Sydney service provider HiTech has locked horns with Uganda's incumbent telco over switching equipment it says the foreign company held unlawfully.
Uganda Telecom was contracted in 2007 to supply switching services and facility space to VoIP provider HiTech.
The deal soured over unpaid invoices that resulted in a penalty award of $US574,639 ($AU534,526) against HiTech in a Ugandan arbitration process ruling that was later upheld with additional penalties by the Federal Court in Australia.
HiTech was now seeking to offset that penalty by the value of equipment it allegedly supplied to Uganda Telecom under the contract.
HiTech alleged that Uganda Telecom had unlawfully seized the equipment.
Counsel for HiTech argued that the company had lost the ability to sign contracts with other companies because it was no longer in possession of the disputed kit.
However, in a Federal Court hearing in Sydney this week, the parties could not agree on what exactly the equipment was, what it did or what it was worth.
Where Hitech claimed it had delivered $US200,000 worth of telecommunications switching agreement, photos of the equipment and testimony by a Uganda Telecom technician were used by the foreign company to argue the equipment received was worth significantly less, at $30,000.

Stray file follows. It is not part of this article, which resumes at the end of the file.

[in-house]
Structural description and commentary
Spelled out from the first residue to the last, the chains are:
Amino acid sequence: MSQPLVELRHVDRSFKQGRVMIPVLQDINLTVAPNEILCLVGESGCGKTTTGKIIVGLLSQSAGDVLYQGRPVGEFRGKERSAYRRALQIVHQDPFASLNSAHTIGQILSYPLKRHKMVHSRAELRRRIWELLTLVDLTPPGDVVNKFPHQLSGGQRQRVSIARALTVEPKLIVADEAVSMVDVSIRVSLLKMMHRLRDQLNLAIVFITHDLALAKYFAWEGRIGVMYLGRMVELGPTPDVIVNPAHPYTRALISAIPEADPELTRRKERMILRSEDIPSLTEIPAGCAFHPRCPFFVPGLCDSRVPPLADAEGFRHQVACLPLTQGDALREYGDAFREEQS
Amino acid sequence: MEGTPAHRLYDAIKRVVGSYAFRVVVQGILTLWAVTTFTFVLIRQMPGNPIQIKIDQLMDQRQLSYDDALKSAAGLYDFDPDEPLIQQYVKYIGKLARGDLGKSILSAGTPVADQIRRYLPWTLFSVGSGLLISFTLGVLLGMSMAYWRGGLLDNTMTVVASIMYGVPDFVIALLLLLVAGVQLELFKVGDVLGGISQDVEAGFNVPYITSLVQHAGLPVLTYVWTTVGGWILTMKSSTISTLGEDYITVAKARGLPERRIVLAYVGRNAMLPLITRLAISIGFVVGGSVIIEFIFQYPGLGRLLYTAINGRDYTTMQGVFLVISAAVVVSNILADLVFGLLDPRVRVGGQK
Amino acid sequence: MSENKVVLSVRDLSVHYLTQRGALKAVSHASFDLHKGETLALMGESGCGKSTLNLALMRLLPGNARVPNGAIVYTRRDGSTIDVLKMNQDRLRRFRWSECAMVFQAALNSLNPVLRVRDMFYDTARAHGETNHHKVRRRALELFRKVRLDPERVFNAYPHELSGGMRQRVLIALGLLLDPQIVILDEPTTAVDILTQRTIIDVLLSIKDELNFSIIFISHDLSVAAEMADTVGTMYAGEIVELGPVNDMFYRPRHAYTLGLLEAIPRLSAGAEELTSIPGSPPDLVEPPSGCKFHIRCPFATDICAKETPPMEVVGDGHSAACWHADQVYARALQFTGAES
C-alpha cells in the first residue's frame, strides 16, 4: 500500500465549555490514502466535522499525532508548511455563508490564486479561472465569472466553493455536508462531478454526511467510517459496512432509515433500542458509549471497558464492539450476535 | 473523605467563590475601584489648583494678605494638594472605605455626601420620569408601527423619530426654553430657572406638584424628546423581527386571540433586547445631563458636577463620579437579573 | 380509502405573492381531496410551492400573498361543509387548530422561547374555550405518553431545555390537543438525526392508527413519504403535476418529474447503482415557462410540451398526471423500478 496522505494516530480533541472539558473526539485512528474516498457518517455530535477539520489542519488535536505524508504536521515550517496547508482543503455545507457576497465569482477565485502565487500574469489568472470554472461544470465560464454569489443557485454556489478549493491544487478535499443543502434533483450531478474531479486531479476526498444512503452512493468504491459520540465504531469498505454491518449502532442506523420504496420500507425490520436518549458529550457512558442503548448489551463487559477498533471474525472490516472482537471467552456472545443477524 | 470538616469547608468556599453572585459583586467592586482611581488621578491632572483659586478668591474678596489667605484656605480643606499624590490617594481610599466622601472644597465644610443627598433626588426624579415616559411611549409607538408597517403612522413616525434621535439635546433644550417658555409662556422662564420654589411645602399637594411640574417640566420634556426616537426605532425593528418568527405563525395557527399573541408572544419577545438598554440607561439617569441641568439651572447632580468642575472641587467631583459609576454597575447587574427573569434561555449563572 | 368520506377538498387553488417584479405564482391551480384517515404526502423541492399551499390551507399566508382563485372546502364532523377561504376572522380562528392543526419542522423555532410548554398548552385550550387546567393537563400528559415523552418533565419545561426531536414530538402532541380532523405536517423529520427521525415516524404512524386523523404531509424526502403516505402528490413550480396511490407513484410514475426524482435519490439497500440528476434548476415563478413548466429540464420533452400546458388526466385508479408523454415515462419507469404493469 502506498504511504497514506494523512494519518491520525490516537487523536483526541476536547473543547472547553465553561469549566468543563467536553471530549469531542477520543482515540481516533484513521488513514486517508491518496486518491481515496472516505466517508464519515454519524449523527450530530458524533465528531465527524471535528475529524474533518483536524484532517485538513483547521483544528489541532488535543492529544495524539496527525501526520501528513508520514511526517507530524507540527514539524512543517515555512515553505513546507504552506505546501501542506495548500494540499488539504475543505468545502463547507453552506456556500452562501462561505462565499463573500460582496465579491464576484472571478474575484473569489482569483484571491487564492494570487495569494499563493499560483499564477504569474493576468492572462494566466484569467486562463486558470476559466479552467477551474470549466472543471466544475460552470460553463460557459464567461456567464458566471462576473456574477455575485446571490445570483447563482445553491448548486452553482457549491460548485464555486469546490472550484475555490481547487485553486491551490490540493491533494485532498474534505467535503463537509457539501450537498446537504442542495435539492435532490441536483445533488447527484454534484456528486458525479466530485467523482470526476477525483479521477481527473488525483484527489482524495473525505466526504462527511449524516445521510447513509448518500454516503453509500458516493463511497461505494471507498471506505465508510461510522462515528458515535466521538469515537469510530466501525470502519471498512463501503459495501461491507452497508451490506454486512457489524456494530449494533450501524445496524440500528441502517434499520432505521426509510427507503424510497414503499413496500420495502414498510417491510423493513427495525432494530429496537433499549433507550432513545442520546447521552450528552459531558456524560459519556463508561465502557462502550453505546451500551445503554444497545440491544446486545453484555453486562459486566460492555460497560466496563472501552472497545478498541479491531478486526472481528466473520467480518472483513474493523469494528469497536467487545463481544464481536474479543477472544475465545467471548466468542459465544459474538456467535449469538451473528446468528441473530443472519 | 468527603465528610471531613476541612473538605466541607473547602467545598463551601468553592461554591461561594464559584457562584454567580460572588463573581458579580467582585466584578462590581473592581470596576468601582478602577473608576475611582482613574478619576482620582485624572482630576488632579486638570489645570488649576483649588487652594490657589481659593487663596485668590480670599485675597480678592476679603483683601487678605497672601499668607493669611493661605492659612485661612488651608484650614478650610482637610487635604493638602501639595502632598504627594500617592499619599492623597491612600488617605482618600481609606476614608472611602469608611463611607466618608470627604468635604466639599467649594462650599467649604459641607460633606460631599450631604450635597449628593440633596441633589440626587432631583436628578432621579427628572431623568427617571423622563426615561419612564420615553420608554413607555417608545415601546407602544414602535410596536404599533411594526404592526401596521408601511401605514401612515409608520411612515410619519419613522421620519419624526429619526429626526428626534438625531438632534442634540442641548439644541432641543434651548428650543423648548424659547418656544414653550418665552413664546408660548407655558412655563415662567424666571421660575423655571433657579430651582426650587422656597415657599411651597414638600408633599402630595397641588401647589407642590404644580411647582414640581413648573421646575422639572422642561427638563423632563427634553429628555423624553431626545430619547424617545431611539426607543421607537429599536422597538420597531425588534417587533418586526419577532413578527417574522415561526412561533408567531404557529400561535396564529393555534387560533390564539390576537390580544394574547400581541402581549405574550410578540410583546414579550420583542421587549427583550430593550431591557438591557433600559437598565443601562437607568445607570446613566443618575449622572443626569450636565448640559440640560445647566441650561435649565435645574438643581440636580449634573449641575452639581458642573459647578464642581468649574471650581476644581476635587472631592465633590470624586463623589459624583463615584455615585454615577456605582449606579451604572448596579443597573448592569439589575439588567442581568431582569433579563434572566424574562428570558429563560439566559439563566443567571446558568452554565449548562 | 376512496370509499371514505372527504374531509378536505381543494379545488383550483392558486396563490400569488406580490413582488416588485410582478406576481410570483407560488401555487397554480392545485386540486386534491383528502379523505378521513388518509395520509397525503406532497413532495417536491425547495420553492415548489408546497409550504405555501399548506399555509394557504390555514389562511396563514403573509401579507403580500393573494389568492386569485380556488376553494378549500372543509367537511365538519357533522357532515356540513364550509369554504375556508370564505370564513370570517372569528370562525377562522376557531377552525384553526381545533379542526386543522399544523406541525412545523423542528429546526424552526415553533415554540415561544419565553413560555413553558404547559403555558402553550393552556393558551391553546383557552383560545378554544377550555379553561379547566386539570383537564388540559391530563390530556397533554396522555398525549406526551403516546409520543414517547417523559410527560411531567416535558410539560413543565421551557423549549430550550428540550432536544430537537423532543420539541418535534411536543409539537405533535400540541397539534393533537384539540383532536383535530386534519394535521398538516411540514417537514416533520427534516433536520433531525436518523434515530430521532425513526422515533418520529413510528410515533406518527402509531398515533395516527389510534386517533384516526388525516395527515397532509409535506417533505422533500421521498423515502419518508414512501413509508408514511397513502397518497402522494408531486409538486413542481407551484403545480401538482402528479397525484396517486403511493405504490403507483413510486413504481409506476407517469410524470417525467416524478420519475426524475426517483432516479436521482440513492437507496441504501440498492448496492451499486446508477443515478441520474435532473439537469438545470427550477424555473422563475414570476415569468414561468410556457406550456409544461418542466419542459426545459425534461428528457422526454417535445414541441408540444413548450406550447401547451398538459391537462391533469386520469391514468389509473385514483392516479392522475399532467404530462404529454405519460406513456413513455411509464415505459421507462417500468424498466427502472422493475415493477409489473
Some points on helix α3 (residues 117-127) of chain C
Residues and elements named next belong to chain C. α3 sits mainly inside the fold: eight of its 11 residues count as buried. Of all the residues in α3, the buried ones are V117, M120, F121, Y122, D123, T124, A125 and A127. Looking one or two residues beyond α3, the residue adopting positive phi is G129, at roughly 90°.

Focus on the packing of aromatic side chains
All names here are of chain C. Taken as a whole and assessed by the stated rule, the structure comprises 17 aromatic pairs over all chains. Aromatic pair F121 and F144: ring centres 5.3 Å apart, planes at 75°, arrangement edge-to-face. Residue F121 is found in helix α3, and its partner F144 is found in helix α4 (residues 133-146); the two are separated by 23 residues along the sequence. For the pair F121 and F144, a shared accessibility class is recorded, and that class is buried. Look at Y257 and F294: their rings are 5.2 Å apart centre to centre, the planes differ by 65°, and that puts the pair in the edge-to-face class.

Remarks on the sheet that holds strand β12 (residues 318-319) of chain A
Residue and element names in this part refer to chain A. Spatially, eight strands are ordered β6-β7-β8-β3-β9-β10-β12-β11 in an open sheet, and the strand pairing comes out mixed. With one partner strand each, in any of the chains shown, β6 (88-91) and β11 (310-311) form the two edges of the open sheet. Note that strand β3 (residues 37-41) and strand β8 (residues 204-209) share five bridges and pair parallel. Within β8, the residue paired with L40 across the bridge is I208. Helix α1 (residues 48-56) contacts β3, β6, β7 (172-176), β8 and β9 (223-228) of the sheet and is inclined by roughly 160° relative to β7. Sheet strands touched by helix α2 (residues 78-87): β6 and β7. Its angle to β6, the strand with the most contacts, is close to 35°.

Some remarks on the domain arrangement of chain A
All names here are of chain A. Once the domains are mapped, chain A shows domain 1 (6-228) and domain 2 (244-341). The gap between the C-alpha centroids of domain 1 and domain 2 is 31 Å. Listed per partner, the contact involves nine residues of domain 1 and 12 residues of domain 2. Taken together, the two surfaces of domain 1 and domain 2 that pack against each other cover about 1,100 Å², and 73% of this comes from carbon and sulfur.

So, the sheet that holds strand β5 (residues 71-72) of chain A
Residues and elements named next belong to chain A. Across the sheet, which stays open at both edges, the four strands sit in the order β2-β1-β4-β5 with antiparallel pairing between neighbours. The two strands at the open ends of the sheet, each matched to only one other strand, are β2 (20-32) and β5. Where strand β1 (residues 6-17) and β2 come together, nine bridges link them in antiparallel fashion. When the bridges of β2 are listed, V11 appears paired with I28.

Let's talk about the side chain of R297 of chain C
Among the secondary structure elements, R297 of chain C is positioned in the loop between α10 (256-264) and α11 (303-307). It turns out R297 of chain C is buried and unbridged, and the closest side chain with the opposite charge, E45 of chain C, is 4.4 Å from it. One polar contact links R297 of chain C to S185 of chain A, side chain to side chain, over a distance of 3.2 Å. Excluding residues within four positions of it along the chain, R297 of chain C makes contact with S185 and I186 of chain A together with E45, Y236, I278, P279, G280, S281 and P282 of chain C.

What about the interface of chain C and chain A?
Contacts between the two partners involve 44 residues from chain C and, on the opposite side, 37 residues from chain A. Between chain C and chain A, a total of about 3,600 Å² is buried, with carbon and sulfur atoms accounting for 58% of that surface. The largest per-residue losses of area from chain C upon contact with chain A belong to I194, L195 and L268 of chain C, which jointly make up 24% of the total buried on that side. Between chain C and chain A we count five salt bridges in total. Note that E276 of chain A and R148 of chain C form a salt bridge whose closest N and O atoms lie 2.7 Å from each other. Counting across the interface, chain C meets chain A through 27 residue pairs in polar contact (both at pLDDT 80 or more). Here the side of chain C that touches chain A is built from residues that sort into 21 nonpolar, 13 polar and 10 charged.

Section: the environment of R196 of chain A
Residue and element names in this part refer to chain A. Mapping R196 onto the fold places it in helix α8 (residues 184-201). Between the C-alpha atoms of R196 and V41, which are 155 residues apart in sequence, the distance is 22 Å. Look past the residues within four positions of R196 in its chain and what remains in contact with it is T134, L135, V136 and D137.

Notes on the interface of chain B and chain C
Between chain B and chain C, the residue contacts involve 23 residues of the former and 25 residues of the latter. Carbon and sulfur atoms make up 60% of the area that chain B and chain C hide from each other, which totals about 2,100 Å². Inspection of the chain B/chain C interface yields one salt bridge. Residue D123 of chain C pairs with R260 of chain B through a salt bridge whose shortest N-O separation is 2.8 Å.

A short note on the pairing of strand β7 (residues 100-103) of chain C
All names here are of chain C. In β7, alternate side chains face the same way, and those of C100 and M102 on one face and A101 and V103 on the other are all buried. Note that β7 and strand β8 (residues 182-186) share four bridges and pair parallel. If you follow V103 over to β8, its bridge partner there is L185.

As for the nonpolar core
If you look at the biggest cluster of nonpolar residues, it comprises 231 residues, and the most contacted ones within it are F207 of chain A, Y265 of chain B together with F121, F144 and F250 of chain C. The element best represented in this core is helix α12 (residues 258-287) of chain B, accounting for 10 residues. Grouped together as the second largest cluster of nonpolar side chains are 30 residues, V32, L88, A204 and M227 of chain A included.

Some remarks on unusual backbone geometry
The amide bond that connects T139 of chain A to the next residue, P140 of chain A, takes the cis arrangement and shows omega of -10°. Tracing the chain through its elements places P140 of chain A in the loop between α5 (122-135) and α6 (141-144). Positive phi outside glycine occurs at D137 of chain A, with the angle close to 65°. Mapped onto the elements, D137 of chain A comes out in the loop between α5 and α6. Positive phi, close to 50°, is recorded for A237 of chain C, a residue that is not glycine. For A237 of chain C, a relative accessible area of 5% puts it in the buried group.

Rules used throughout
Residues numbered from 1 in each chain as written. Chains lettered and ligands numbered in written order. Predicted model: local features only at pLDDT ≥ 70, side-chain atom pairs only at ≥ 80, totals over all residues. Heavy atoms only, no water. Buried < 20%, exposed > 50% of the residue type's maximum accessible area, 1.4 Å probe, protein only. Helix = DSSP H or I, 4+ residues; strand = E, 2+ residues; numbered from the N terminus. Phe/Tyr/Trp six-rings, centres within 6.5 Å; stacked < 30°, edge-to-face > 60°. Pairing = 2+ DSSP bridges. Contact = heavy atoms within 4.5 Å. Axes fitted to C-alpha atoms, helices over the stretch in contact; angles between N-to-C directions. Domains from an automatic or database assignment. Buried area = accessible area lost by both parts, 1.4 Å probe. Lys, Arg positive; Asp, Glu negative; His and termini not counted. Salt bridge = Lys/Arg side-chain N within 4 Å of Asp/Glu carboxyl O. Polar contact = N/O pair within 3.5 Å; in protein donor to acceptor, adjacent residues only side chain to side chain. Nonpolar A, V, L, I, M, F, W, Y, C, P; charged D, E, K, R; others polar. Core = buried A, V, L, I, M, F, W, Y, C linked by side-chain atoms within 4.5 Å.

The equipment - roughly the size of two "stereo-sized systems" - was allegedly delivered in a briefcase to Uganda.
Hitech relied on its own shipping invoices to argue the equipment agreed to had been delivered. Ugandan customs had failed to log entry of the equipment into the country.
Counsel for Uganda Telecom argued that the equipment listed in the invoices was different to what was installed.
The equipment remained with Uganda Telecom, though its legal counsel argued the boxes were ultimately useless to its purposes.
"If it's obsolete and no good to you, why don't you just give it back?" Justice Lindsay Foster asked.
Legal counsel for Uganda Telecom agreed to bring the opportunity to the company for consideration.
Justice Foster deferred judgment and provided the parties the opportunity to agree on terms of mediation to settle the case.
The lawyers were given until July 28 to agree on terms.
Should they disagree, Justice Foster would mandate a regime for talks, he said "in an endeavour to bring this war to an end".